Human Rights Campaign, the country’s largest gay rights group, is pressing for an executive order granting nondiscrimination protections to employees of federal contractors.
Among the items on an eight-page policy wish list sent by NALEO to the White House last month are legislative progress on immigration and the creation of a White House Office of New Americans.
The AFL-CIO would like to see the White House and Congress take a number of big steps on immigration and fiscal policy, but it is also pressing Obama for unilateral action that the labor group says would help protect workers and lead to more jobs and higher wages.
And the Sierra Club is hoping for an announcement by Obama that the Environmental Protection Agency will move forward on regulating emissions for new coal-fired power plants.
“How specific Obama is in terms of moving us from dirty power to clean energy, or is it talking about a specific rule on carbon emissions from power plants, we don’t know,” Pierce said.
Outside advocates can present a challenge to speechwriters — but so can the demands of individuals within the White House.
Former George H.W. Bush chief speechwriter Chriss Winston recalled that the president’s chief of staff, John H. Sununu, had a habit of telling the White House wordsmiths to “leave a hole” in the speech for a piece of news that he would insert at the last moment.
“We always nicknamed it ‘the Rabbit,’ because whatever that nugget was going to be that he was going to give us later . . . he was going to pull a rabbit out of the hat,” said Winston, who was the first woman to serve as head of the White House Office of Speechwriting.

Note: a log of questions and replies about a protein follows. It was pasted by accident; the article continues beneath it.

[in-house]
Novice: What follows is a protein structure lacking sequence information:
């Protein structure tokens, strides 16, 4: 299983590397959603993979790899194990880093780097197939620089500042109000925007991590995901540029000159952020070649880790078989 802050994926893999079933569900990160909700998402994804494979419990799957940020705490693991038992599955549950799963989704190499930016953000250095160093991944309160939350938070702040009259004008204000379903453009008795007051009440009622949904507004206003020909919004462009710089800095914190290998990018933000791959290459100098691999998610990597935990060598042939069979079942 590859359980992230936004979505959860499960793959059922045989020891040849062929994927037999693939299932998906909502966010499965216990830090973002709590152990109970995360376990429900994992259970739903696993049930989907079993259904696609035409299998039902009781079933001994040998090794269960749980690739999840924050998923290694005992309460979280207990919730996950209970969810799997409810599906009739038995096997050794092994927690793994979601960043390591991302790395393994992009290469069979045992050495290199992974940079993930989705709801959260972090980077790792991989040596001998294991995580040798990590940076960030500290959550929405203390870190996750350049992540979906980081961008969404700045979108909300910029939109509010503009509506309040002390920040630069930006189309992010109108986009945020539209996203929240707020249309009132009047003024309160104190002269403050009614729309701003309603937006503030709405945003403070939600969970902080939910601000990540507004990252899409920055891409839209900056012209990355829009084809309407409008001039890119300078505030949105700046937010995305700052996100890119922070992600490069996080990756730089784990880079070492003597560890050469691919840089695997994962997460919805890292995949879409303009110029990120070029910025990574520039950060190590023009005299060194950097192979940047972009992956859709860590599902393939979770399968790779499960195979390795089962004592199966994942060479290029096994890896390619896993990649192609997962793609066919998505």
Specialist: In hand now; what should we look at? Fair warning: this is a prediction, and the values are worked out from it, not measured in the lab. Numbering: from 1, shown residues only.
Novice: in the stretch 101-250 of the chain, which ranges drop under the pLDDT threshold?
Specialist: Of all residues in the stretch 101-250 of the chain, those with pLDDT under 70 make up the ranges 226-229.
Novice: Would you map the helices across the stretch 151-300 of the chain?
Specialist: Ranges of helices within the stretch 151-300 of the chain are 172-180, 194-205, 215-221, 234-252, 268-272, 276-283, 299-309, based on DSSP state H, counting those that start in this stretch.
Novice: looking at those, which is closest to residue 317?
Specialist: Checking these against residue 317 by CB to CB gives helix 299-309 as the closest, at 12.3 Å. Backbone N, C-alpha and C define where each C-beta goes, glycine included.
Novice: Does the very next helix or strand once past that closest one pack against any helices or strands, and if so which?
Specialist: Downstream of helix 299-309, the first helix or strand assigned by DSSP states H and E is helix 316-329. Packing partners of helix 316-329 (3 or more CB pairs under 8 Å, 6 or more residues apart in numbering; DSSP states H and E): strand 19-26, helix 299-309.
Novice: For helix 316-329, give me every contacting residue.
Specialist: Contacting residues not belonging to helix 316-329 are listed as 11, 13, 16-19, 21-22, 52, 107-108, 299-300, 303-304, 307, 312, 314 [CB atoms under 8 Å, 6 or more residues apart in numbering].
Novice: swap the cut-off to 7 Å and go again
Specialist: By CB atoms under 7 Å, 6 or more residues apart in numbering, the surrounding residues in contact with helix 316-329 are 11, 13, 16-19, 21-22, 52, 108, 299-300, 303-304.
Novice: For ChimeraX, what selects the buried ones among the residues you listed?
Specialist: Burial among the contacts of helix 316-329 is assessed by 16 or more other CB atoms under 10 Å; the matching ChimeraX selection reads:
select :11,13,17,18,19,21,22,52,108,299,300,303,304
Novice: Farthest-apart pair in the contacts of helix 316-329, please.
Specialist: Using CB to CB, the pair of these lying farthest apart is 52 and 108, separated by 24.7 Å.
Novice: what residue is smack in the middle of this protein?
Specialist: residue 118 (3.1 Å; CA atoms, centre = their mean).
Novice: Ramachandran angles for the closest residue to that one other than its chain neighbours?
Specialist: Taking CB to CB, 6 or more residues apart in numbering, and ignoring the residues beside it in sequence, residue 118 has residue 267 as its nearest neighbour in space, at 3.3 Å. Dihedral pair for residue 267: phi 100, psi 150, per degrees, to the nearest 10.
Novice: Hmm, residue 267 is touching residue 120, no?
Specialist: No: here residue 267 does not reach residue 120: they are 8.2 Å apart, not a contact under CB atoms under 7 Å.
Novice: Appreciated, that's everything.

By the time the date of the speech nears, meetings inside the White House have ramped up from once or twice a week to twice a day, and the focus has turned away from including more agenda items and toward trimming the speech down — even as the president practices his delivery in the White House movie theater or in the motorcade on the way to the Capitol.
“In the Clinton White House, when you’re about a few days out from the speech, we always had remarks that were probably 40 minutes too long,” said Joel Johnson, a former senior adviser to President Bill Clinton who is now a managing director of the Glover Park Group. “So, it wasn’t about what goes in the speech — it was about what comes out of the speech. . . . And sometimes, those decisions are fairly arbitrary, and something that had been in the speech for weeks comes out in the final hours.”
Those lobbying for a line in the speech may not know until the final hours, if not during the speech itself, whether they have been successful.
And even then, Johnson said, success is in the eye of the beholder.
“Certainly, more energy goes into advocacy around the State of the Union than almost any other governmental action — and for rather questionable long-term results,” he said. . . . “There’s nothing in that speech that would not have occurred to the president or his speechwriters without the help of some outside advocate.”
“But nevertheless,” he added, “the process continues.”